This week in links: An eclectic collection of news and views from the past week or so on faith, language, and literature, as well as other topics of interest.

Ben Ehrenreich argues that, contrary to popular opinion, the Book is “not dead yet” (to borrow Monty Python’s words). The rise of digital readers doesn’t mean the end of the physical tome, he writes in an article for The Los Angeles Review of Books, noting that this isn’t the first time the book has been pronounced dead. Maybe it’s just the Easter season, but something tells me it won’t be the last either.

Nearly 2000 years since Christ was nailed to a cross, the Gospel is still violently opposed in many places across the globe. Yesterday a bomb exploded at a Catholic church in Baghdad, wounding at least four people and disrupting celebrations of Easter. See the story by BBC News. A somber reminder that though “the world was made through Him, it did not recognize Him.” And yet also an opportunity for prayer for the persecuted and persecutors alike, that the Gospel would give hope to the former and new life to the latter.

University of Toronto linguist Keren Rice has won the Killam Prize for her career-length work on the Slavey language. The award comes with a $100,000 prize, and is a lifetime accomplishment award given out to Canadian researchers. On a personal note, I studied Rice’s work on Slavey during a morphology course a few years back. Glad to see her (and linguists in general) getting some recognition for their work. See the story in The Globe and Mail.

Ashely Thorne has an interesting reflection on the innateness of morality which uses the new Jane Eyre film as its jumping off point. I haven’t seen the film yet (though I have read the book), but even if you have no prior knowledge of the story, the article is still a good read. A small ode to the idea that the law is “written on our hearts.” Read it over at The Curator.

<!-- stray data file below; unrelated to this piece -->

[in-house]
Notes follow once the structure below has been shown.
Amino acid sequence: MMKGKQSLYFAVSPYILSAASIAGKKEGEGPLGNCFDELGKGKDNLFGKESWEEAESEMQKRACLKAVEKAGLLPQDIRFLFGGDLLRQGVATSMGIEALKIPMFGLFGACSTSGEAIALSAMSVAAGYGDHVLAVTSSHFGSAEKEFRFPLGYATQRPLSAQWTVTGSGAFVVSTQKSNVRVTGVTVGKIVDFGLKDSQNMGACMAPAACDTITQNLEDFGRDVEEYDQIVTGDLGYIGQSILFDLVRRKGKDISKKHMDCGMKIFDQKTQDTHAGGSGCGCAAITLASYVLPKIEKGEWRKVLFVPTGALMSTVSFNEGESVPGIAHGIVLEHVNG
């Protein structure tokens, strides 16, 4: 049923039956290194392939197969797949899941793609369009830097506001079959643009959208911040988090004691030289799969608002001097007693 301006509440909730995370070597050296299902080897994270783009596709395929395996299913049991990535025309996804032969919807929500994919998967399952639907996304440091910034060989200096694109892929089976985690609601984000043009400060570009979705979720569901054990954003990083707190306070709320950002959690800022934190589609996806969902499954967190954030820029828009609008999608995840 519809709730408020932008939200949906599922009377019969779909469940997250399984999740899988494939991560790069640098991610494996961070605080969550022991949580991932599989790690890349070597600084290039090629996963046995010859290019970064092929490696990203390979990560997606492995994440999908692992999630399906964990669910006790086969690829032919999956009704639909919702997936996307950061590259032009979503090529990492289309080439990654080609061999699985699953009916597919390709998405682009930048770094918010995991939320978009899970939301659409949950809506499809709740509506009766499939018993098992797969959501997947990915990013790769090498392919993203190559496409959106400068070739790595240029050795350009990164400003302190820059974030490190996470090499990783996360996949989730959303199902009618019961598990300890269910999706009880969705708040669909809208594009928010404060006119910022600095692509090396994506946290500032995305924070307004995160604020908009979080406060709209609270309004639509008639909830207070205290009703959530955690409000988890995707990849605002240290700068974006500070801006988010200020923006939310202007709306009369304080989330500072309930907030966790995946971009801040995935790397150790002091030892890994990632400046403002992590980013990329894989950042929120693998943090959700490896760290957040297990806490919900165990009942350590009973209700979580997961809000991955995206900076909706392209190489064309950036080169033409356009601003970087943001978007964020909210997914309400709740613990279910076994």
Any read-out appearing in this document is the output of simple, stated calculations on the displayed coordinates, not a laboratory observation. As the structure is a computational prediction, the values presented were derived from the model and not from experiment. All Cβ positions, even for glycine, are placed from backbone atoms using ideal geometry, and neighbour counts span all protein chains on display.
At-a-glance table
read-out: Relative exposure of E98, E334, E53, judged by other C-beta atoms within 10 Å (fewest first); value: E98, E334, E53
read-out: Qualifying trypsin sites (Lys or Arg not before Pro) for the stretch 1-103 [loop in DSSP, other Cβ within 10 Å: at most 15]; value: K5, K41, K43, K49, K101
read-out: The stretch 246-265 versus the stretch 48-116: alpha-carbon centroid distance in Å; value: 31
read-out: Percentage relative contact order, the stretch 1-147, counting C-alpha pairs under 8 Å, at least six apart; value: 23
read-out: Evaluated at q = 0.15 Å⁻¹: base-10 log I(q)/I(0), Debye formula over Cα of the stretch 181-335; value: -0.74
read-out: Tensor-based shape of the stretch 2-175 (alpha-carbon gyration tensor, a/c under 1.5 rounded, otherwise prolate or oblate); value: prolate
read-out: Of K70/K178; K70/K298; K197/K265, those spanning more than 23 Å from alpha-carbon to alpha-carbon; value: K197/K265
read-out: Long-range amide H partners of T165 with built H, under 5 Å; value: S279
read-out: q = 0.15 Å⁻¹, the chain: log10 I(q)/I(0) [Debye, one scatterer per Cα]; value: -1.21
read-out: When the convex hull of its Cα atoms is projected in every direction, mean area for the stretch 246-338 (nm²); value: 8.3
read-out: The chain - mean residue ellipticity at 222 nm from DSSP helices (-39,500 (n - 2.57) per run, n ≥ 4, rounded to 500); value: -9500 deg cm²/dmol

Confessionalist and Pietist: Chances are if you come from a Reformed or Lutheran background and are a frequenter of theological blogs, you’ve heard those words a fair bit. Michael Horton (host of the White Horse Inn) has an insightful discussion of the supposed dichotomy between the two sides, arguing that “the lines between ‘pietists’ and ‘confessionalists’ are not as thick as contemporary debates often suggest.” His point? These labels are commonly more harmful than helpful.

Finally this week, a Minneapolis church gave out prizes (including a t.v. and game system) to encourage attendence at its Easter service. In an article fittingly-titled “Church embraces bribery to draw Easter audience,” The Huffington Post tells the story of The Crossing church, which has in previous years given away cars at its Easter service. Pastor Eric Dykstra explained it this way: “I have no problem bribing people with crap in order [for them?] to meet Christ.”